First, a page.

February 07, 2017 9:00 pm


A new study shows a link between histamine intolerance, GMO foods, and Roundup® sprayed foods.

The study looked at non-genetically modified (GMO) maize, GMO maize not sprayed with any herbicide, and GMO maize sprayed with Roundup®. Roundup® was applied only once, before the development of the maize cobs, so the study looked at the effects, even in the absence of herbicide residues.

The findings have significant implications for anyone suffering from histamine intolerance.

The GMO Controversy

Genetic modification of maize involves inserting bacteria that cause a pesticide to be produced in every plant cell. When pests attempt to eat the plant, they are killed. Simplistically, it makes growing crops more efficient.

Food safety rules require that genetically modified crops have “substantial equivalence” to the original crop. This vague term is usually interpreted as a similar amount of macronutrients (such as protein, fat, and carbohydrates). Based on research conducted by the developer, GMO maize was considered “substantially equivalent” to maize and was approved for animal and human consumption.

Some studies have shown that GMO maize affects; gut, immune, liver, and kidney function in animal studies.


histamine intolerance, Glyphosate, Alison Vickery, Health, Australia

The Glyphosate Controversy

Glyphosate is the most-used herbicide and harvest-drying agent used worldwide.

Glyphosate is used on:

Genetically modified corn, soy, canola, sugar beets, cotton, tobacco, and alfalfa are engineered to resist glyphosate.

Then crops sprayed before harvesting are wheat, oats, barley, rye, sugarcane, beans, lentils, peas, flax, sunflowers, pulses, and chickpeas.

Glyphosate is widely available and actively used in bushland, garden, and golf-course settings.

Glyphosate is also water-soluble, which means it is almost certainly finding its way into our waterways.


Glyphosate Health Effects

The foremost researcher on the effects of glyphosate on health is Stephanie Seneff.

Some of the health effects of glyphosate include:

Glyphosate was initially developed as an anti-microbial, destroying our healthy gut microbes and fostering the growth of pathogens, including c. difficile. Changes in the gut microbiome can have implications for an imbalance in the microbiome and lead to an overgrowth of histamine producing bacteria.

It inhibits the shikimate pathway in our microbiome that synthesizes tyrosine, tryptophan, and phenylalanine, needed for neurotransmitters.

It replaces glycine in the shikimate pathway. Glycine is an amino acid extensively used in the body’s essential functions.

It severely suppresses the liver’s phase 1 (cytochrome P450) and phase 2 (the sulfation pathway), impairing detoxification.

It is also a chelating agent that renders microminerals in our soil and food non-absorbable. It accumulates in the bones and impairs the kidneys in the place of micro-minerals.

It works as a shuttling agent for aluminum in the food and transports it straight into the brain (where we don’t want heavy metals).

The negative impact on the body is insidious and manifests slowly over time as inflammation damages cellular systems throughout the body. In March 2015, the World Health Organization (WHO) ranked glyphosate as a Group 2a carcinogen, a substance that “probably causes cancer” in people. In June 2020, Bayer, the maker of  Roundup®, reportedly paid $10 Billion to settle non-Hodgkins lymphoma cancer suits.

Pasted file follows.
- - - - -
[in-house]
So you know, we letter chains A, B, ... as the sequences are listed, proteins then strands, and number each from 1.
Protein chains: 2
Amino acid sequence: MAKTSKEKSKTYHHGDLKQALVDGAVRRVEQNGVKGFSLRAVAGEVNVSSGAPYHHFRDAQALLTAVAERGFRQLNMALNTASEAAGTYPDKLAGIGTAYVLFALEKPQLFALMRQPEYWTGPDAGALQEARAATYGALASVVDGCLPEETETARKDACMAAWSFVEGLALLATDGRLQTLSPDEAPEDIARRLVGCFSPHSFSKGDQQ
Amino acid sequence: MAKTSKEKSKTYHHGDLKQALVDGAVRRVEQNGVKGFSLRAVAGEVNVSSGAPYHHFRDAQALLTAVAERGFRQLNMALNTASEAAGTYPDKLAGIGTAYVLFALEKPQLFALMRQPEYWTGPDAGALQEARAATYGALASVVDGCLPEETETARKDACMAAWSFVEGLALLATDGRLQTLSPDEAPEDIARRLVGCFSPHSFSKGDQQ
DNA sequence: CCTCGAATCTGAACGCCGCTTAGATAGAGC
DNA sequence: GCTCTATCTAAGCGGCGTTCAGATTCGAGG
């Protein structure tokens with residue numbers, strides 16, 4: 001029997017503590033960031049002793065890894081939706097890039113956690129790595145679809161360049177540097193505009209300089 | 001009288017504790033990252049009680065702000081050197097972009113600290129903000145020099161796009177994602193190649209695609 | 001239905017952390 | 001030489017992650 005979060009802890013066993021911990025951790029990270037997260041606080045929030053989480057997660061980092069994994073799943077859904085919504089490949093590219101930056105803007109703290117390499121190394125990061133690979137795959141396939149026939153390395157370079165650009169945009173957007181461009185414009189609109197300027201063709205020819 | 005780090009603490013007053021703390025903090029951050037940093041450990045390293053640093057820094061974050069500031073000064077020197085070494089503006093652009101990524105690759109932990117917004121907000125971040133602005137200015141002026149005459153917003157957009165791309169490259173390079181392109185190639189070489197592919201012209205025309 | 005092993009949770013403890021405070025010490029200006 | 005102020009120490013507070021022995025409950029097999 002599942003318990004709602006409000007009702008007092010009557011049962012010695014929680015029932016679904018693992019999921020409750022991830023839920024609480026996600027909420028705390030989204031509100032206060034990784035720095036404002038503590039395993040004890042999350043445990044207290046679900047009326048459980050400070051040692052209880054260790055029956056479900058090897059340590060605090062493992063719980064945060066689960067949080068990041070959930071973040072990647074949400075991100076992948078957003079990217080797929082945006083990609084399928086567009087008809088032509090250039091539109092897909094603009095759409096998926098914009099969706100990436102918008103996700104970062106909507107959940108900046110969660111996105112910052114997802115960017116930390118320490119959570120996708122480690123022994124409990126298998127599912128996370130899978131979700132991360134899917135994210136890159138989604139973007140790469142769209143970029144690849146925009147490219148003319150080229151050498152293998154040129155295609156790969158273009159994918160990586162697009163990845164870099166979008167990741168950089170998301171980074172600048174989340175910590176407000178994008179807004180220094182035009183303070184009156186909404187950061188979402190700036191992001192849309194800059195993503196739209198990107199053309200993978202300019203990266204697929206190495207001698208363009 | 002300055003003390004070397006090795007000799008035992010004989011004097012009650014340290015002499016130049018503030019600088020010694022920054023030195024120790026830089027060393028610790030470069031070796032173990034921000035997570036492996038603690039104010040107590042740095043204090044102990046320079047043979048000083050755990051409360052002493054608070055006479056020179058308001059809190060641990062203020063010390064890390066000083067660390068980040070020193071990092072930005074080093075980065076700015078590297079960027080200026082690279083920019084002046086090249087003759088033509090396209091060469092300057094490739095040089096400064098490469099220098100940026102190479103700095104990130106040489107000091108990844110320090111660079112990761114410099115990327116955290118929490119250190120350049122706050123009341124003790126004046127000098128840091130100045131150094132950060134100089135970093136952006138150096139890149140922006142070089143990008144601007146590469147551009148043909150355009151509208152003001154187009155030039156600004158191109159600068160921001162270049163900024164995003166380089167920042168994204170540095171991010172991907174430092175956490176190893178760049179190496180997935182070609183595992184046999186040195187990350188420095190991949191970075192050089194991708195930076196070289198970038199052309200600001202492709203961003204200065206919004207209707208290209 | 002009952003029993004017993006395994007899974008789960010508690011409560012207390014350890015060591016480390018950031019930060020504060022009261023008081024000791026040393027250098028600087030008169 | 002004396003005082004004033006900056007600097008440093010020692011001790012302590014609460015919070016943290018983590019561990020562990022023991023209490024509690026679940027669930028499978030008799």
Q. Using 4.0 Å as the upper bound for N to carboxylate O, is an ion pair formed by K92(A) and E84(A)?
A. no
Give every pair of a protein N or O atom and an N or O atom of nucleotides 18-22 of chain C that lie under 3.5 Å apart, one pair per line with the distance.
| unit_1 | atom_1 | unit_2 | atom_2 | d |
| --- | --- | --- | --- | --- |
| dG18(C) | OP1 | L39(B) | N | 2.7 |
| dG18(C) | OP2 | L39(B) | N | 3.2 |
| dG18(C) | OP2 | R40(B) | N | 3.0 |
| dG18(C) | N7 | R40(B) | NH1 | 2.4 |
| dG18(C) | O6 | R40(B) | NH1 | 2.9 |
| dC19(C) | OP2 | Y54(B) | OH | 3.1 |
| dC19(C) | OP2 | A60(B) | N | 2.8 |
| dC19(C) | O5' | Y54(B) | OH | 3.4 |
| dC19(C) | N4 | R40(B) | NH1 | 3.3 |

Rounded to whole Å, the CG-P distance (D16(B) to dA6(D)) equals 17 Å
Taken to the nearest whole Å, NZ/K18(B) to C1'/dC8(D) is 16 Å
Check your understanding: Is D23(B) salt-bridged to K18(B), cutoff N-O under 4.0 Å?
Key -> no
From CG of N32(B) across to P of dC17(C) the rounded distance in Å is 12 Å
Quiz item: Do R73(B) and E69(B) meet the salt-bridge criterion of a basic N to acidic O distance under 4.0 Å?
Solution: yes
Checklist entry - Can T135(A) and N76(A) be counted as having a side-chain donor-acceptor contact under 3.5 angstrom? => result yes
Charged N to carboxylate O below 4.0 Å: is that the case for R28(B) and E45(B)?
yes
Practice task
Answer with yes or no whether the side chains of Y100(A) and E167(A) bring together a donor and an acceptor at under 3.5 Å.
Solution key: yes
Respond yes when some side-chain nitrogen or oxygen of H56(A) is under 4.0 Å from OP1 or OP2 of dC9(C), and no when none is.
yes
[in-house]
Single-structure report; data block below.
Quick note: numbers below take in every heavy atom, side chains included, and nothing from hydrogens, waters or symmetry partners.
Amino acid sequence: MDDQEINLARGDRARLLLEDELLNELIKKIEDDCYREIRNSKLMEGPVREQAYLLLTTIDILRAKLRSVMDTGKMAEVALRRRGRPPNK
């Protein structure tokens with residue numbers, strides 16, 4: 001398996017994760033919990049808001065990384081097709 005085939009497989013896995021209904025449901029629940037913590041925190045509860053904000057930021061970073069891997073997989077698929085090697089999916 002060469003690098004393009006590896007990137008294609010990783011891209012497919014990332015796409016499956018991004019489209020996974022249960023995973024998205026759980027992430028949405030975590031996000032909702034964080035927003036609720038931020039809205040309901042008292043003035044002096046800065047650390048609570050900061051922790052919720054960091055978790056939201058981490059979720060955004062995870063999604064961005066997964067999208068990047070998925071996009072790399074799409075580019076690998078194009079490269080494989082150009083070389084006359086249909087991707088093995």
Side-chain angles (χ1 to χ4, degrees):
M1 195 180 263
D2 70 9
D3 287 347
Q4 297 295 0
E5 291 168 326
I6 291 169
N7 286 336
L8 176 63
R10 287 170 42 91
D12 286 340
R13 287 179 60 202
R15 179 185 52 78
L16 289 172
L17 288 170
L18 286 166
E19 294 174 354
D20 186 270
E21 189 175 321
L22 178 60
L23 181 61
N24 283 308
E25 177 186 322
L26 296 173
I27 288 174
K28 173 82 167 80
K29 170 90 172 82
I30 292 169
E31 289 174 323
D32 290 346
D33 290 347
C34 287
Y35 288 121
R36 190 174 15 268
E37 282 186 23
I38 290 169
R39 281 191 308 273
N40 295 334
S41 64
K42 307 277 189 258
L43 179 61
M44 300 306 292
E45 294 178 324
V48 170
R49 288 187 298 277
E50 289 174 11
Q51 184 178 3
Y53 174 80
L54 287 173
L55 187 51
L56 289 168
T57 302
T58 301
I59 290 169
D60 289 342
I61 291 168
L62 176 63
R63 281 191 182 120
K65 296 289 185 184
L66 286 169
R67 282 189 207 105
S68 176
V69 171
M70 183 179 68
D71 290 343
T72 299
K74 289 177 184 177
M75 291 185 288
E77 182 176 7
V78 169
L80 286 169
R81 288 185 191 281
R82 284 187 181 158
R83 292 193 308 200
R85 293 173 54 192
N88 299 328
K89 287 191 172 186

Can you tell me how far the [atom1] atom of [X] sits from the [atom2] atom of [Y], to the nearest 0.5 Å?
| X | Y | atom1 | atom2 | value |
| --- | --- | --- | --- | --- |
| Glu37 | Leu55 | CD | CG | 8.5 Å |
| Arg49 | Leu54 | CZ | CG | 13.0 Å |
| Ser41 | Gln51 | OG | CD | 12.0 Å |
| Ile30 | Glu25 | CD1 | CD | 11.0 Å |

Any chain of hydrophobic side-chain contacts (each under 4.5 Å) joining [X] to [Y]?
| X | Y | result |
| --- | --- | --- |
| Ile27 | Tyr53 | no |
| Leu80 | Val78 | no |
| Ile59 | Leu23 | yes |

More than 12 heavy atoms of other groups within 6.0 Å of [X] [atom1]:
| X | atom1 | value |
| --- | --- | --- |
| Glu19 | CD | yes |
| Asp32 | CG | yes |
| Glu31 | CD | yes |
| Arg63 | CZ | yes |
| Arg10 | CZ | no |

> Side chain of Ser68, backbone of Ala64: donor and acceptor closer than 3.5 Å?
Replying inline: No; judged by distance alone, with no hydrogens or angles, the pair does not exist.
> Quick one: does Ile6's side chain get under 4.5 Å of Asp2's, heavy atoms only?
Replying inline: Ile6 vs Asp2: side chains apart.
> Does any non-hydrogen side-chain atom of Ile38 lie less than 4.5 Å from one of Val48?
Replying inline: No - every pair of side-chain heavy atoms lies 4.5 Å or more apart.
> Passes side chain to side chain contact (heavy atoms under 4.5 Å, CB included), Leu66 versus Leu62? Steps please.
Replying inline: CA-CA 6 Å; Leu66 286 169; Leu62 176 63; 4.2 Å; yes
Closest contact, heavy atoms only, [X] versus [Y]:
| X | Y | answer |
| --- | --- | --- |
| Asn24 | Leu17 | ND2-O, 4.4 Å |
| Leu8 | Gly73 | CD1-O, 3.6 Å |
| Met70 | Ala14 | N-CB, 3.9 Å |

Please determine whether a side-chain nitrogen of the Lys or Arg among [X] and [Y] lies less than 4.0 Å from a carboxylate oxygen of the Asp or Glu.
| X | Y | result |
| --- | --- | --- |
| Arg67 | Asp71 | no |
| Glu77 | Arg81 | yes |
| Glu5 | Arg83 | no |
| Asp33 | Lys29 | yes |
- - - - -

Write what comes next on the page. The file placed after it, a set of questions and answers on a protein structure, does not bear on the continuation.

In the intervening time, between 2015 and 2020, I noticed an increasing number of clients having a high glyphosate level in their system. This has been especially so after the catastrophic floods in Australia, where I highly suspect farmers were forced to spray to have a viable crop.


GMO foods, histamine intolerance, glyphosate, Alison Vickery, Health, Australia

Not Substantially Equivalent

The results of the current study were that the GMO maize and the Roundup® sprayed maize were not substantially equivalent to maize.

Specifically, the number of proteins and metabolites differed significantly between the three products: 91 proteins and 117 metabolites were altered due to the genetic modification, and one protein and 31 metabolites were altered due to spraying with Roundup®.



Unlike previous studies, the current study also looked at the micro-nutrients and found significant differences in a wide range of nutrients.

The most pronounced difference was in amines, including putrescine and cadaverine.

Putrescine and cadaverine increase the effects of histamine by competing with histamine for degradation.

They have also been implicated in the formation of carcinogenic nitrosamines when consumed with nitrite in meat products.

These findings suggest that both GMO Maize and Roundup® sprayed maize will reduce the histamine threshold in individuals because of the higher amine content.


histamine intolerance, mast cell activation, autoimmunity, Alison Vickery, Health, Australia


This current study clearly shows that GMO maize and glyphosate-sprayed maize have higher levels of amines and other nutritional differences.

If you are struggling with histamine intolerance, I believe it is better to try and avoid genetically modified foods and glyphosate sprayed foods until there is more research.

Easy ways to do this are to buy certified organic products, look for non-GMO labeled products, and avoid “at risk” products, including corn, soy, canola, cottonseed, papaya, sugar beets, and convenience foods. Many “gluten-free” products contain corn.


Further Reading

Mesnage, Robin, et al. “An integrated multi-omics analysis of the NK603 Roundup-tolerant GM maize reveals metabolism disturbances caused by the transformation process.” Scientific Reports 6 (2016).

GMO Education

Glyphosate Education

Non-GMO Food List

Tony Mitra’s Analysis of Glyphosate Foods in USA/Canada